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Publication numberUS6371018 B1
Publication typeGrant
Application numberUS 09/708,005
Publication dateApr 16, 2002
Filing dateNov 8, 2000
Priority dateApr 4, 2000
Fee statusLapsed
Also published asDE60128670D1, DE60128670T2, EP1276614A2, EP1276614A4, EP1276614B1, WO2001074589A2, WO2001074589A3
Publication number09708005, 708005, US 6371018 B1, US 6371018B1, US-B1-6371018, US6371018 B1, US6371018B1
InventorsDavid Nacash, Vladimir Petrov, Aharon Korem, Yossef Halfon, Refael Bronstein
Original AssigneeKarat Digital Press L.P.
Export CitationBiBTeX, EndNote, RefMan
External Links: USPTO, USPTO Assignment, Espacenet
Method and apparatus for anilox roller scoring prevention
US 6371018 B1
Abstract
The present invention is directed to various apparatuses and methods for prevention of anilox roller scoring and compensation for anilox scoring ink marks, focusing on the anilox roller. According to some embodiments of the present invention, the uneven ink distribution pattern may be treated by an addition of an ink distribution mechanism. According to other embodiments of the present invention, image data modification methods are used for compensation for the scoring marks.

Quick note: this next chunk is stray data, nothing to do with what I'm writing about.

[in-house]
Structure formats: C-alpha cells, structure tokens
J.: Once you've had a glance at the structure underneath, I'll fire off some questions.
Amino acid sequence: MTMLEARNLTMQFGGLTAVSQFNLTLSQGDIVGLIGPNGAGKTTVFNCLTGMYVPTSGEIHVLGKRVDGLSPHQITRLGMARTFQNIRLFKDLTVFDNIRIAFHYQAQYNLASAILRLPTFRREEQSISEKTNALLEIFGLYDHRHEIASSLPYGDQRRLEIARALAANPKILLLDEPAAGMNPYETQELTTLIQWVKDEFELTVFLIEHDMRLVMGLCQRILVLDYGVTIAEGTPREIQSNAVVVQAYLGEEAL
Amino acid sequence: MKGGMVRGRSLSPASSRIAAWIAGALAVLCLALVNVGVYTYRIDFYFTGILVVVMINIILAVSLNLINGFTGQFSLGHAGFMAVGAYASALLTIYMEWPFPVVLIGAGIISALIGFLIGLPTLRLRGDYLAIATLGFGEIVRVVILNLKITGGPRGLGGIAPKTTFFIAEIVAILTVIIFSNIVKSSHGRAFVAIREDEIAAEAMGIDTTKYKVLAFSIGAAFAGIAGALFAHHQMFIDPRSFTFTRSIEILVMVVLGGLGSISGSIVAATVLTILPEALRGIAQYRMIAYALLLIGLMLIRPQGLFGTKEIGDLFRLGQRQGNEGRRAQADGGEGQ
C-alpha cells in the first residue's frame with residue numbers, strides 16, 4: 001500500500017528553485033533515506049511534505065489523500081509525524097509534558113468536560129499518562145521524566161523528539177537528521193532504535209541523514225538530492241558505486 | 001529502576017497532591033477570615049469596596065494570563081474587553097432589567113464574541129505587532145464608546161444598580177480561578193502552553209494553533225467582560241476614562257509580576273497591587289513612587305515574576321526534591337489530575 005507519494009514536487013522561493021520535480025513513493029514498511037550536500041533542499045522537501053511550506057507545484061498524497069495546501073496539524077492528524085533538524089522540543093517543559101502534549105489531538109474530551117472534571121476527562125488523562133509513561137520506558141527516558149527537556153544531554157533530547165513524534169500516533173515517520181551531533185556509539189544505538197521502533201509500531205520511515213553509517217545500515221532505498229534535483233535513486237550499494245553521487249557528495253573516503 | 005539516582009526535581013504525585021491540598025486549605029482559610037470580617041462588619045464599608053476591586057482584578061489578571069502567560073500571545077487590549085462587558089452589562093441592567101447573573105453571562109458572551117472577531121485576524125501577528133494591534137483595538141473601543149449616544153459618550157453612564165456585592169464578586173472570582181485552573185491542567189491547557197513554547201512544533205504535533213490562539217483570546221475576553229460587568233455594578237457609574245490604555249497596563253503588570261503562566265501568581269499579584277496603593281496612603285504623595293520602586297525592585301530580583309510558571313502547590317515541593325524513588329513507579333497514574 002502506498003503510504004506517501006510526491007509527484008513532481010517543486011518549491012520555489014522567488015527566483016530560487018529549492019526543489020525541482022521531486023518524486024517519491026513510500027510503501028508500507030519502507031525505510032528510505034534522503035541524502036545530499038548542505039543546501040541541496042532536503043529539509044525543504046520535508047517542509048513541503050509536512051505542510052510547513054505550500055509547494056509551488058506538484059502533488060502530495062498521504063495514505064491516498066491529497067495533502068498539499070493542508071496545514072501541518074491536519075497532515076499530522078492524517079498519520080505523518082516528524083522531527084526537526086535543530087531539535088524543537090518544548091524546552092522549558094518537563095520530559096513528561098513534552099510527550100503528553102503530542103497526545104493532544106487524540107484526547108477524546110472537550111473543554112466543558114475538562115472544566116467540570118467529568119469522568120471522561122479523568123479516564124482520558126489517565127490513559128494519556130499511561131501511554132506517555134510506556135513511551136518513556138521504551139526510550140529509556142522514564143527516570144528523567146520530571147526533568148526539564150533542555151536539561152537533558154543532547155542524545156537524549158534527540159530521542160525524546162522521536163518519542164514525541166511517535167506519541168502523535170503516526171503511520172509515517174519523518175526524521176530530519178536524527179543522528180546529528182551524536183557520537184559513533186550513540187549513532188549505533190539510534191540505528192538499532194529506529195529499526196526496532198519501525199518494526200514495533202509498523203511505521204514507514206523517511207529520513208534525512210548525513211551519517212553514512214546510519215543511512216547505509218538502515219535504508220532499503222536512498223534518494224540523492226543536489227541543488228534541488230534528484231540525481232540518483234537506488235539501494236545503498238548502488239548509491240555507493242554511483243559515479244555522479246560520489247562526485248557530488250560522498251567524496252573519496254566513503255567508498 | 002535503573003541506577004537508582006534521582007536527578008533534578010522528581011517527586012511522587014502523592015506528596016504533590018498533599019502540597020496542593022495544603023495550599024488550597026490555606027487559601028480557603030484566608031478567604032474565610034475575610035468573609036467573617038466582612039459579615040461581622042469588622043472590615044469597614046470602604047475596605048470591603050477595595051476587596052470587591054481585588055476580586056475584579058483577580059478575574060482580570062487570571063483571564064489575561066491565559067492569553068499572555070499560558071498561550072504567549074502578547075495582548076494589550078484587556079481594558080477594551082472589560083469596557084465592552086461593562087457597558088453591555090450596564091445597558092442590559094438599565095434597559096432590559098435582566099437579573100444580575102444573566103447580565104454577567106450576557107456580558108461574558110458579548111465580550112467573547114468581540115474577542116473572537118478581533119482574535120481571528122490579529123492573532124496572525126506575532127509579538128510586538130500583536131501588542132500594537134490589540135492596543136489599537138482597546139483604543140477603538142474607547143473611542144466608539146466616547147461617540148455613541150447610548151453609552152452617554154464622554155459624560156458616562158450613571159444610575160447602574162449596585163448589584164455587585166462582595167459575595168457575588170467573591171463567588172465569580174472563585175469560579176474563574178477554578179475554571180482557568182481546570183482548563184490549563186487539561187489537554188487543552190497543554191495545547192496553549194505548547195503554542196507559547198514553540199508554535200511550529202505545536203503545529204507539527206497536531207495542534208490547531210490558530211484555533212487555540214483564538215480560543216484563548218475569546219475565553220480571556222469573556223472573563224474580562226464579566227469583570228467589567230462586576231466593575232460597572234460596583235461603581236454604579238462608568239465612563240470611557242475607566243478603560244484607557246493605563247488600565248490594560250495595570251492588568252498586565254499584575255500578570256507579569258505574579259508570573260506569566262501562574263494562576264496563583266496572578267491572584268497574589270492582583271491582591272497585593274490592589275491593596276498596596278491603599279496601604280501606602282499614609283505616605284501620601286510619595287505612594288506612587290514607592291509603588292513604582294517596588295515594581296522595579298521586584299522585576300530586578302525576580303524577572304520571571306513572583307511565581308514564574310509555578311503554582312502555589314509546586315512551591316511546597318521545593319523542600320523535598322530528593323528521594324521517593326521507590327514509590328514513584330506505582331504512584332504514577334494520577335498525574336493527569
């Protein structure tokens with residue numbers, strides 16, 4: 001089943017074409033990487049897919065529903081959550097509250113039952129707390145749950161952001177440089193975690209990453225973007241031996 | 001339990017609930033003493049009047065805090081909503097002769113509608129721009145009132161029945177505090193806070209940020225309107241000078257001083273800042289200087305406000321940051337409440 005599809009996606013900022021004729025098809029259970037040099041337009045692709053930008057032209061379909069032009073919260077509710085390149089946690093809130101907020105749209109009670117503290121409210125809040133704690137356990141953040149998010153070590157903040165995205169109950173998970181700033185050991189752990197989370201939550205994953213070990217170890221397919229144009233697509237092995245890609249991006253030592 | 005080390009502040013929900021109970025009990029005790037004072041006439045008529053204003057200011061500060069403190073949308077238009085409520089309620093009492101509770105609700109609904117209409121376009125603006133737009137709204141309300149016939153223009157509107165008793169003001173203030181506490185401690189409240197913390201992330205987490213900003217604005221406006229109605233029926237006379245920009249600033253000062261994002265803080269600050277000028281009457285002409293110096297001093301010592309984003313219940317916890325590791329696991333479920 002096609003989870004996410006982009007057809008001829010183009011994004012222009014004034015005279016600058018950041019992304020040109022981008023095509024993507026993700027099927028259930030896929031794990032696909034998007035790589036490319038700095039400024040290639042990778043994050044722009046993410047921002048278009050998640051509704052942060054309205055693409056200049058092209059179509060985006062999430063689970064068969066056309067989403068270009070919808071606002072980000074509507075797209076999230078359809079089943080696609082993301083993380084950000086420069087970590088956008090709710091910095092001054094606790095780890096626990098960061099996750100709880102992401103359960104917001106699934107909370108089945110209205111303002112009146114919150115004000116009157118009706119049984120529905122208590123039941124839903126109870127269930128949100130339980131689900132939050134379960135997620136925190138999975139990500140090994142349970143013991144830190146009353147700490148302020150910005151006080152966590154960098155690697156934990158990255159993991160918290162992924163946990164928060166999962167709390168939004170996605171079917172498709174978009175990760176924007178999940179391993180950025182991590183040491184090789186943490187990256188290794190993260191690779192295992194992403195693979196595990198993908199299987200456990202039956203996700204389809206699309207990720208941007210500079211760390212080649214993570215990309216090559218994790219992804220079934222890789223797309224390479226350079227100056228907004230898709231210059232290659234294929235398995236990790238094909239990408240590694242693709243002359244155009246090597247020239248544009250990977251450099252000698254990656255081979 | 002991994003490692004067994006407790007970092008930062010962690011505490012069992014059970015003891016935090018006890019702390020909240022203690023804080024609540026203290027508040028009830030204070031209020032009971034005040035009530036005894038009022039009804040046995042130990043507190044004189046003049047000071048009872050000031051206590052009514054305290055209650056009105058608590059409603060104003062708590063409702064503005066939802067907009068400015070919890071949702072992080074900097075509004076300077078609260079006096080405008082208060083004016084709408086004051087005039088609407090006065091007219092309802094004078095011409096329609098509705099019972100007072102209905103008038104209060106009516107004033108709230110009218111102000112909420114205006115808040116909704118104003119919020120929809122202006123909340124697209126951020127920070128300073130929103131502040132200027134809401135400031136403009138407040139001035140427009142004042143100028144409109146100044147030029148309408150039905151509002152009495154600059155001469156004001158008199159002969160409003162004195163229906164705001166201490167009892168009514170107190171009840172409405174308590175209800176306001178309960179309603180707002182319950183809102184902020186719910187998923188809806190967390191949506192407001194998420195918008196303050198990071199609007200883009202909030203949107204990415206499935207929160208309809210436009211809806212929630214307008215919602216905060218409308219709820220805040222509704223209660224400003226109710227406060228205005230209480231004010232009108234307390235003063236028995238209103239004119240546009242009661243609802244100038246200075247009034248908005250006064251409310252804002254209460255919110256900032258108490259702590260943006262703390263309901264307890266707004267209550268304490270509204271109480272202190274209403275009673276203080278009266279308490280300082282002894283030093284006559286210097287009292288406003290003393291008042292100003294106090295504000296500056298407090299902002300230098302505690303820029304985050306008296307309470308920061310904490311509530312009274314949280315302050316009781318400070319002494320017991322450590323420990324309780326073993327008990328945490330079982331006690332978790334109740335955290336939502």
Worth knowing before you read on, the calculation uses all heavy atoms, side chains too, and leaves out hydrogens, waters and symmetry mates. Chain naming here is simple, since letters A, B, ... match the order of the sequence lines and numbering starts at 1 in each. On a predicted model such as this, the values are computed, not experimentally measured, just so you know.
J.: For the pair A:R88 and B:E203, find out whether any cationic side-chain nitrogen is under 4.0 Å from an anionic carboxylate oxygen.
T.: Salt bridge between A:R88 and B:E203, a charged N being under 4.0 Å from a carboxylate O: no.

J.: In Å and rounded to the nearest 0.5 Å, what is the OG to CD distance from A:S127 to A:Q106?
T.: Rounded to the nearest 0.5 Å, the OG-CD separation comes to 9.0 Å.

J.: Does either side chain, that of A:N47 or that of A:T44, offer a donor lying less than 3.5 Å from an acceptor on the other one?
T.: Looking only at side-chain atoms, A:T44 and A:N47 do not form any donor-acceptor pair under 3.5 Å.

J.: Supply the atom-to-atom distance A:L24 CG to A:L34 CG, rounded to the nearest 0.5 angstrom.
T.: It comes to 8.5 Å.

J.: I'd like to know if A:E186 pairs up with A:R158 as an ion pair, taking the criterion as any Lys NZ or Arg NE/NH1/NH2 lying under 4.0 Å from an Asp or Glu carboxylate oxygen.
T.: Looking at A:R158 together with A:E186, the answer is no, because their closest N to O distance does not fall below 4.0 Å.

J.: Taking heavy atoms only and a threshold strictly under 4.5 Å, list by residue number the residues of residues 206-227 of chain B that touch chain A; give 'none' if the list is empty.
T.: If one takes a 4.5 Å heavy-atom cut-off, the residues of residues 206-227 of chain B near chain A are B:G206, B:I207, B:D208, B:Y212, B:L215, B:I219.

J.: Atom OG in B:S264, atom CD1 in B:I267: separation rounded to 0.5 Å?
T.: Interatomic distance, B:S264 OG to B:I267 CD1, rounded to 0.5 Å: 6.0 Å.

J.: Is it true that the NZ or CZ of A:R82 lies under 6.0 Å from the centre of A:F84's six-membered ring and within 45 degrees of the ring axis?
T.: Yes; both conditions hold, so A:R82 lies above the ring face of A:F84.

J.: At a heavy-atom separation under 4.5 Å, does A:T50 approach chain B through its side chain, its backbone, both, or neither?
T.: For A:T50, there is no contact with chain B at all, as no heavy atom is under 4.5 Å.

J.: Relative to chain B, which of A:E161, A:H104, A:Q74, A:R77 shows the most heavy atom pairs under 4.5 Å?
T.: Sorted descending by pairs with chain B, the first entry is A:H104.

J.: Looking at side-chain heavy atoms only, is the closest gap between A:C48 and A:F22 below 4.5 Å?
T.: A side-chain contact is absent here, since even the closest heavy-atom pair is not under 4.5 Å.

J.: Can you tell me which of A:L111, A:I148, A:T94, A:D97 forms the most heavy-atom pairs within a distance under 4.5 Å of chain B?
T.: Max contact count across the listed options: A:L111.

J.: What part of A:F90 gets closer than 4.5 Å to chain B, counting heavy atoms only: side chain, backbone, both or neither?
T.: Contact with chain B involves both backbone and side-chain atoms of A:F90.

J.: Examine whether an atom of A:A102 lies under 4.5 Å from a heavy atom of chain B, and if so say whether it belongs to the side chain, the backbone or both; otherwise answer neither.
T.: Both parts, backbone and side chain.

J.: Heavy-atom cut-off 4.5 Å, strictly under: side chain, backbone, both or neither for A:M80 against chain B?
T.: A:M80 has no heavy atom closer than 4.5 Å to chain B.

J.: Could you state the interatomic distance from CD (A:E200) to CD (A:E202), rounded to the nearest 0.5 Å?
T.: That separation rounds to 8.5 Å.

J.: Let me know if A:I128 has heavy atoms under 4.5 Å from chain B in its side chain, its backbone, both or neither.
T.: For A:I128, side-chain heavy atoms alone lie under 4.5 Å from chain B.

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Claims(4)
What is claimed is:
1. In a printing press having an anilox roller, a method comprising:
printing an image from original plate exposure data;
measuring geometrical properties of a scoring mark in said image;
modifying said original plate exposure data from a correction table including said measured geometrical properties of said scoring mark; and
imaging a printing plate of said printing press using said modified plate exposure data.
2. The method of claim 1 wherein said modifying comprises:
altering pixel values in said original plate exposure data that correspond to said geometrical properties of said scoring marks.
3. The method of claim 1, wherein said modifying comprises:
altering scanning line values in said original plate exposure data that correspond to said geometrical properties of said scoring marks.
4. The method of claim 1, wherein said modifying comprises:
skipping at least portions of scanning lines in said original plate exposure data that correspond to said geometrical properties of said scoring marks.
Description

This application claims the benefit of U.S. Provisional application No. 60/194,405, filed Apr. 4, 2000.

FIELD OF THE INVENTION

The present invention relates generally to printing technologies, and more specifically relates to anilox rollers and means to overcome the problem of anilox scoring.

BACKGROUND OF THE INVENTION